Applying for Research Funding: Four Key Principles

Throughout September we will be publishing articles detailing the experience and advice from winners of a number of grants and awards. In our first post, Dr Nick Witham introduces four key principles of applying for research funding.

Access to research funding is a vital part of academic life, especially in early career, when routes to funding are not as clearly defined as they are for those in more established posts. The importance of funding is twofold. First, money to access archives or go to conferences is always useful, especially if, as an Americanist, you need to visit places that are far removed from where you live and work. Second, success in applying for funding is a valuable measure of professional esteem that will serve you well in the future: employers want to see that you can think – and raise money – outside the box.

I have had some success in this area, having raised funds during my PhD and the first five years of my career from the AHRC, BAAS, the British Academy, Duke University, the University of Edinburgh, the Fulbright Commission, and the University of Nottingham. I have also served on the committee of HOTCUS, for which I have judged postgraduate travel awards on several occasions. In this post, I will reflect briefly on four key principles of applying for research funding, which are rooted in common sense without, I hope, being too banal.

Apply for anything and everything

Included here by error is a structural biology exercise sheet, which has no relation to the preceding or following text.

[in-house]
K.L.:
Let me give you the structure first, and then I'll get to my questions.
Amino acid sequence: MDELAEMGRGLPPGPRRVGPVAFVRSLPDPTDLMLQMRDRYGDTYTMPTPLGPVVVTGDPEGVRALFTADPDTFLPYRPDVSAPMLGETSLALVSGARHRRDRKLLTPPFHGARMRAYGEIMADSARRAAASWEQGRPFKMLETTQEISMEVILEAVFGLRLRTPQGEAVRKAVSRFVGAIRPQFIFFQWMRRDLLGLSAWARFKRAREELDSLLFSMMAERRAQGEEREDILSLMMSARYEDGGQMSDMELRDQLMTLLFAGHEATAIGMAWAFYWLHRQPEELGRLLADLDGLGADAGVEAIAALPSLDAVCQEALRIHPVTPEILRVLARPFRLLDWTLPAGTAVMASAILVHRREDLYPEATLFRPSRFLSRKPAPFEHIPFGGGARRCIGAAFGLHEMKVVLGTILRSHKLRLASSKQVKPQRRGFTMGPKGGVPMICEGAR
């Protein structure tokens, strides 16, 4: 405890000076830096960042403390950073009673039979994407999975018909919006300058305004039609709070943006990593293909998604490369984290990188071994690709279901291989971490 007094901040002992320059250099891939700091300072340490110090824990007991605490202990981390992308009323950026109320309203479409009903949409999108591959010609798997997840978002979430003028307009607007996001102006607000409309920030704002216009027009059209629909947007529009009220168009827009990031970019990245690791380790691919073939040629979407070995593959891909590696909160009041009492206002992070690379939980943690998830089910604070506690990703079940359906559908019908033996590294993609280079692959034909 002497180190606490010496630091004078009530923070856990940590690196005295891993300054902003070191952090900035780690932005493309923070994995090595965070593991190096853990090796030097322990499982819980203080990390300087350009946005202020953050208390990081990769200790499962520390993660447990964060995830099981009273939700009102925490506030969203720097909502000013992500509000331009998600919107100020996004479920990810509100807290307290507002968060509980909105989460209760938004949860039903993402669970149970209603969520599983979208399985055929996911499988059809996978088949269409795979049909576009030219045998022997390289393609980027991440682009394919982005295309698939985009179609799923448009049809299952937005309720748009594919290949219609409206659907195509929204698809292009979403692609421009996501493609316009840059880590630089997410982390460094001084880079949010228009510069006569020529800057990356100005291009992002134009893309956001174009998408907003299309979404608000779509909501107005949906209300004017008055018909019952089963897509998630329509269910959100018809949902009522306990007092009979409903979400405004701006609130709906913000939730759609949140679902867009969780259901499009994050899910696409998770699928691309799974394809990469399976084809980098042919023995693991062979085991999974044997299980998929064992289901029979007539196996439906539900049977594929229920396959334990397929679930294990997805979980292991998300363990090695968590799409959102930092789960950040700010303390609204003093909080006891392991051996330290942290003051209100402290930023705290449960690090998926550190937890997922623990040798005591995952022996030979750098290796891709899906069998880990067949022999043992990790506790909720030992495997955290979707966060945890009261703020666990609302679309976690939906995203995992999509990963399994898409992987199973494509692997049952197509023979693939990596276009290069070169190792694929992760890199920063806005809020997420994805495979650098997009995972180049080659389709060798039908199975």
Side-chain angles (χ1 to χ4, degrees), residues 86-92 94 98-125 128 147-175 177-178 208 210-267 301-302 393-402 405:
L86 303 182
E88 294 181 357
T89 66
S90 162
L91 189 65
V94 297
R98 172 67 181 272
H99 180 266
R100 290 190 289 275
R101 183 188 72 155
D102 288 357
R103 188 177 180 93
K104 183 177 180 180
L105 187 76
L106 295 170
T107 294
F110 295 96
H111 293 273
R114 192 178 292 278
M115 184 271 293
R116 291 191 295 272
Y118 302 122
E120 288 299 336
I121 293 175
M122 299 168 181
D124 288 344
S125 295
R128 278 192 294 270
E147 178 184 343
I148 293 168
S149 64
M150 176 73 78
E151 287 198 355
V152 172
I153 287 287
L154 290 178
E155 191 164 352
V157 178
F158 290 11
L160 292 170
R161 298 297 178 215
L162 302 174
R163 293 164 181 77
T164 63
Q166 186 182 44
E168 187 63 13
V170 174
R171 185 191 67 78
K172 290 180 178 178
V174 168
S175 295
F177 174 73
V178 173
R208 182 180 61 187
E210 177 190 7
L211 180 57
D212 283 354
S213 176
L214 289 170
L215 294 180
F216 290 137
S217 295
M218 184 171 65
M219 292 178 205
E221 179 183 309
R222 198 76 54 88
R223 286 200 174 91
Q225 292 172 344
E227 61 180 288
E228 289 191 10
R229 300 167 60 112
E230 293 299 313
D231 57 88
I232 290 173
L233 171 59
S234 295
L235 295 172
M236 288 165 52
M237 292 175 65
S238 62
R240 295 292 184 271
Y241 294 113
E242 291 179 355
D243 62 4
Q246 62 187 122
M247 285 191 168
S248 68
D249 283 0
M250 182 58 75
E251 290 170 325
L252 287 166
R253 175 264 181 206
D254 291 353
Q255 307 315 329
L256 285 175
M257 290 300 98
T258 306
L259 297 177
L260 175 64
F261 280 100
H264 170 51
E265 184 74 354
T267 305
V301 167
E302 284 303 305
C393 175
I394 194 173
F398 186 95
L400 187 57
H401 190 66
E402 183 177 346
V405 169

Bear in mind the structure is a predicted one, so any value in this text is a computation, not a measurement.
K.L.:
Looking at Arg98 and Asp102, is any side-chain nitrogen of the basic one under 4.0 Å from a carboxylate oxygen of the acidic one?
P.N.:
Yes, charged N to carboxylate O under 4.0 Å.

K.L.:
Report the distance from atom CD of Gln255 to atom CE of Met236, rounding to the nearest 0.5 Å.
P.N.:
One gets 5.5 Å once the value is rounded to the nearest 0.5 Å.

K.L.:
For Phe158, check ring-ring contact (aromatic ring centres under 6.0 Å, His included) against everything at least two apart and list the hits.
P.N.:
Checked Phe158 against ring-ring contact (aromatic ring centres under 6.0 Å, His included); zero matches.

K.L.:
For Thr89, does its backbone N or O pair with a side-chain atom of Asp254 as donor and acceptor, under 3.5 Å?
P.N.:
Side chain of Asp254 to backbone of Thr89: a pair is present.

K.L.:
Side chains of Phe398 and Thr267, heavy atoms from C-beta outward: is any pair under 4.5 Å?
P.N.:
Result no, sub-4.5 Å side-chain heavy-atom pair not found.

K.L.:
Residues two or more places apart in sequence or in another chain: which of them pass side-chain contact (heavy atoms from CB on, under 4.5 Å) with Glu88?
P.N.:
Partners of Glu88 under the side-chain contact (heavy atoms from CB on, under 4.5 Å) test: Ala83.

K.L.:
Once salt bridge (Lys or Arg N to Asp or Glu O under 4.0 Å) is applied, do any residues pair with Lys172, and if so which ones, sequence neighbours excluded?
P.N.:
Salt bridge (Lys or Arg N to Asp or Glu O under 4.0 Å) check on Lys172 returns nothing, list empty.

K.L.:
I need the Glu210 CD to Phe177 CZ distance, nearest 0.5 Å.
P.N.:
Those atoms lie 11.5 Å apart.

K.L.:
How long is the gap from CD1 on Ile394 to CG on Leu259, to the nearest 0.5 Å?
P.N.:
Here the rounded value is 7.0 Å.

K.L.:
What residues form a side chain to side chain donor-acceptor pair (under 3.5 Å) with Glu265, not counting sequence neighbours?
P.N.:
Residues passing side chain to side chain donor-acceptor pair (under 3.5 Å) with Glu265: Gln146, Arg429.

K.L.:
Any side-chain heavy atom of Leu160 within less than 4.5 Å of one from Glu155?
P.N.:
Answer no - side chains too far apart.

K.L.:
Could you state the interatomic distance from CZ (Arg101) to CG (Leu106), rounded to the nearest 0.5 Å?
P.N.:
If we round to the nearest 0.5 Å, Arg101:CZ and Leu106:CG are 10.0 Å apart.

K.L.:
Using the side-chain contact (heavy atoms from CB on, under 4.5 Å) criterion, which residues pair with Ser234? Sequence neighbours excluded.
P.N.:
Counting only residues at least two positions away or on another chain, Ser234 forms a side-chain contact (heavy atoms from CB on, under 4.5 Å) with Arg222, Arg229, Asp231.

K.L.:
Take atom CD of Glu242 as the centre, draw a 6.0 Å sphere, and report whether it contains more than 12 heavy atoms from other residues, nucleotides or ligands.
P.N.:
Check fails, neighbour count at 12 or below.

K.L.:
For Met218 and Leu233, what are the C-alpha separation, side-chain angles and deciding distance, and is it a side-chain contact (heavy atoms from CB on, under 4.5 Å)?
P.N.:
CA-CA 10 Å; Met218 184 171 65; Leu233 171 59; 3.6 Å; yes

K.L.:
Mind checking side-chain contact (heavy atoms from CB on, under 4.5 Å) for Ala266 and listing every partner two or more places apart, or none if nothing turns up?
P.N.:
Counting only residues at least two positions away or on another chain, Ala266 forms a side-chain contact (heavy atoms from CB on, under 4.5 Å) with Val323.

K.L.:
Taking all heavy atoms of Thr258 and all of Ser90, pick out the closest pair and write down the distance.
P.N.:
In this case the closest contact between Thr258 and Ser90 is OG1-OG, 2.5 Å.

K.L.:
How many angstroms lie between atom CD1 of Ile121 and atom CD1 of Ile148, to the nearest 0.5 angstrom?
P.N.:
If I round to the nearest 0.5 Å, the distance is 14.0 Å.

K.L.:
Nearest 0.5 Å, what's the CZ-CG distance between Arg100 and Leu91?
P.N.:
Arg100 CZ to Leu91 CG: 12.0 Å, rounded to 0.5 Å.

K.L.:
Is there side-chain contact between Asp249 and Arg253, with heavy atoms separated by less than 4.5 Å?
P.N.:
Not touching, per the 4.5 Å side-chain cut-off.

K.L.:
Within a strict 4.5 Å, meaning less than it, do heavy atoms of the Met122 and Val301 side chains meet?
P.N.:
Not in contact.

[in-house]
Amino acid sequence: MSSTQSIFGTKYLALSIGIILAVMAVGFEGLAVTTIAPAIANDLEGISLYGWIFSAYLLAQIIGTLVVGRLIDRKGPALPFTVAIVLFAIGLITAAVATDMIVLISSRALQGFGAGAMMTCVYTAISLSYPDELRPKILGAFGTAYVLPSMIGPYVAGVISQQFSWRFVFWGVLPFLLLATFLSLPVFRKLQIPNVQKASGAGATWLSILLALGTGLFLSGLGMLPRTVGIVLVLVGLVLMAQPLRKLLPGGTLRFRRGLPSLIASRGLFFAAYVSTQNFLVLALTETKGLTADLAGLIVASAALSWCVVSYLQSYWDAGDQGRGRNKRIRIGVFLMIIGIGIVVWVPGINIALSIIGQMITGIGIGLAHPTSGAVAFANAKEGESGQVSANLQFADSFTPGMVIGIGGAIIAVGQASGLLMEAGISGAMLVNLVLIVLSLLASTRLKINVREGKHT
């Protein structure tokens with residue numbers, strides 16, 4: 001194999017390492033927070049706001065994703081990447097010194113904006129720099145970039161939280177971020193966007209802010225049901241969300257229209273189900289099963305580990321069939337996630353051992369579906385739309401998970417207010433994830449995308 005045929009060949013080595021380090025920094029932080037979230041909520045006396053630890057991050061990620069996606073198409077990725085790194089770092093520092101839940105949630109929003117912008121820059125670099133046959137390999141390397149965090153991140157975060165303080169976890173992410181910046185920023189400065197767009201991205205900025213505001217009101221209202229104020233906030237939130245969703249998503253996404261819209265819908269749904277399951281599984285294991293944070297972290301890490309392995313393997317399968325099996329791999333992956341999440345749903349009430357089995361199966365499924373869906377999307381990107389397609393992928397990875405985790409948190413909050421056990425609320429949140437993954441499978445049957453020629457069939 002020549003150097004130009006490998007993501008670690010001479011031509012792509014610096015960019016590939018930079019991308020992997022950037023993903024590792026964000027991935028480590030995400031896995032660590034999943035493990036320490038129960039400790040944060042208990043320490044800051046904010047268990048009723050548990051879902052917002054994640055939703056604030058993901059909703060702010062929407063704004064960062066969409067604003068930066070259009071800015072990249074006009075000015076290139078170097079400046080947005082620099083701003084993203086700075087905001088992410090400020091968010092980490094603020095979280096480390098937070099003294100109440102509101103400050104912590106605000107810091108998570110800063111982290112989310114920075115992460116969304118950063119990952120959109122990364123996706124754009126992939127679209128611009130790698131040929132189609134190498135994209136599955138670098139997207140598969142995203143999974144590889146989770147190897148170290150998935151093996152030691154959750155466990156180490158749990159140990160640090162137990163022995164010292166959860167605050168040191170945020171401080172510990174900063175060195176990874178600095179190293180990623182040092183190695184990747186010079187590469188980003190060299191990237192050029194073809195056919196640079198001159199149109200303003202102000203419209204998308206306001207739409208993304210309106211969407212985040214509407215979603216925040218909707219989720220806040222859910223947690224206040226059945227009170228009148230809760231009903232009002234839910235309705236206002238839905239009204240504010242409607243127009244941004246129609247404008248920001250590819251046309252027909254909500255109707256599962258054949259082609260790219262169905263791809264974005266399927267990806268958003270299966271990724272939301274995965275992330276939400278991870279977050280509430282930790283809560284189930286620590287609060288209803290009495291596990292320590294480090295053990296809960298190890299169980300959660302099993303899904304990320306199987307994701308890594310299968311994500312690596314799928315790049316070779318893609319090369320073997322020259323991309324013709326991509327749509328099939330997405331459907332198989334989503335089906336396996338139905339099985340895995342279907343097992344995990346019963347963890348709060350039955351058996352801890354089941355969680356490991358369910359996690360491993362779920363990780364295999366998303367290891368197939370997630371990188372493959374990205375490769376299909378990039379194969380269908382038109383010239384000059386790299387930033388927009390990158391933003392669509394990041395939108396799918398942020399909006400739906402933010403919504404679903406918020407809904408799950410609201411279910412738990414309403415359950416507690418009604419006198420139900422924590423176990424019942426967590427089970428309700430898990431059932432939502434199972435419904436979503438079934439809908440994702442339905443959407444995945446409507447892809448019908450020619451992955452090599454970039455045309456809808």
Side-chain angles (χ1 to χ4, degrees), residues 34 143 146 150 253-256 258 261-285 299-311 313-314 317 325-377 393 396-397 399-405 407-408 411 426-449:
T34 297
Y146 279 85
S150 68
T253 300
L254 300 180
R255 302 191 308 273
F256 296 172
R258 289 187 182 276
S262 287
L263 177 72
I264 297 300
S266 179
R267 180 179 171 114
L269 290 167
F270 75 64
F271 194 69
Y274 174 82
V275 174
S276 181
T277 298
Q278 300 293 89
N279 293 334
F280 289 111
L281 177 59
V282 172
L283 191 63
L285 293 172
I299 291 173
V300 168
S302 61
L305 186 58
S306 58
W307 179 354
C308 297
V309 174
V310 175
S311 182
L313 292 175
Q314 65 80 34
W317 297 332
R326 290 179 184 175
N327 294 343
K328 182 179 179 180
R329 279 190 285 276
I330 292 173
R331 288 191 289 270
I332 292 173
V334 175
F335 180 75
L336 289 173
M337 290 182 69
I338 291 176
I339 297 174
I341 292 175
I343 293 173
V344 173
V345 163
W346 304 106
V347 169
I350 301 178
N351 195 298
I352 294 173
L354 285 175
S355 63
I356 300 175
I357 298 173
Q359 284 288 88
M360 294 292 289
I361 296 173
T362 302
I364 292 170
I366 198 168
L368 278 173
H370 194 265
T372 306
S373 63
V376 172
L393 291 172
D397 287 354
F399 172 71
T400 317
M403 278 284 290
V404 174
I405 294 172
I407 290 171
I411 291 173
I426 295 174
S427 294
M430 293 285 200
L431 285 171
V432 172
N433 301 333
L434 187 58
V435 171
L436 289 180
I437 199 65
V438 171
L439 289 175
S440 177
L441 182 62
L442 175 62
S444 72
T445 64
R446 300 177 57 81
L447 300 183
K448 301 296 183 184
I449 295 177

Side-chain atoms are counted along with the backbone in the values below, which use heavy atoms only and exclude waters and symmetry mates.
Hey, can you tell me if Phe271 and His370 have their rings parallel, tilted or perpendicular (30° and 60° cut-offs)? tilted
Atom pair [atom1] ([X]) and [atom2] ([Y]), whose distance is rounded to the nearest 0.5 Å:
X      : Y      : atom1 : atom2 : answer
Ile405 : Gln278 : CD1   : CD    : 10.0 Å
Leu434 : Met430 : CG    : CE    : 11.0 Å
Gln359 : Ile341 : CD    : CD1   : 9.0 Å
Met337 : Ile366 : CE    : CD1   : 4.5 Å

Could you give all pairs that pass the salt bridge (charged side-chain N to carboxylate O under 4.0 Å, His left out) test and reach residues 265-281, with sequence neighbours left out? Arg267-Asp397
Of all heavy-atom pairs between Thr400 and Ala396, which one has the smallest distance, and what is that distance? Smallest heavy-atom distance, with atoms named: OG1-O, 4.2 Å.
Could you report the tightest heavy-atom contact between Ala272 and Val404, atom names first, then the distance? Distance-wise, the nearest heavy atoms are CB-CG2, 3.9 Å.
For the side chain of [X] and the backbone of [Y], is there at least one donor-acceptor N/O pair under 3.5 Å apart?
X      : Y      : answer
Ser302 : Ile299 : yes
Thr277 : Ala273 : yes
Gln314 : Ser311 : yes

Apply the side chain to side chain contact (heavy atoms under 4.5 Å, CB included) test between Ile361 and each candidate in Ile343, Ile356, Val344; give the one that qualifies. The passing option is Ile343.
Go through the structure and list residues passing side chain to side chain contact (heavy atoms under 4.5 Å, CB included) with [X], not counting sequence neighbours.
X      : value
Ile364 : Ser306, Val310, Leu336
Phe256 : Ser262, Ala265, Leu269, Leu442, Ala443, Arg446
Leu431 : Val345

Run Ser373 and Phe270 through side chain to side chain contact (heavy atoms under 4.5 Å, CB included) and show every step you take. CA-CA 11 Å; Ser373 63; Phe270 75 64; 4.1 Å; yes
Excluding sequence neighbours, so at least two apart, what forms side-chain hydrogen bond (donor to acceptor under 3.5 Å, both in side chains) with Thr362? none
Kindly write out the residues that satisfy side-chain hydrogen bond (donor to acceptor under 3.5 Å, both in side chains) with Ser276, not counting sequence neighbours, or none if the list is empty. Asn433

When you apply for research funding, no matter what the money is for, you must expect a relatively low success rate. This necessitates using all available resources to locate funding opportunities. So, pay attention to those annoying and spammy funding bulletins that are circulated by your institution, even if they are usually made up of a bleakly disproportionate number of advertisements for funding in STEM subjects. Keep an eye out for calls from institutions that offer funding for PG and ECR researchers: particularly fruitful examples for Americanists are the Rothermere Centre at Oxford, Edinburgh’s Institute for Advanced Study in the Humanities, Nottingham’s Centre for Advanced Study, UCL’s Institute of Advanced Studies, and Warwick’s Institute for Advanced Study. Check regularly the websites of the major UK funding bodies (the AHRC, the British Academy, the Leverhulme Trust), as well as subject associations like BAAS, the Royal Historical Society, BrANCH, HOTCUS and the Fulbright Commission. Also remember that a whole host of libraries, archives and state historical societies offer opportunities to apply for funds: the Eccles Centre at the British Library, the Roosevelt Study Center in Middelburg and the JFK Institute in Berlin are just three examples that are on the doorstep.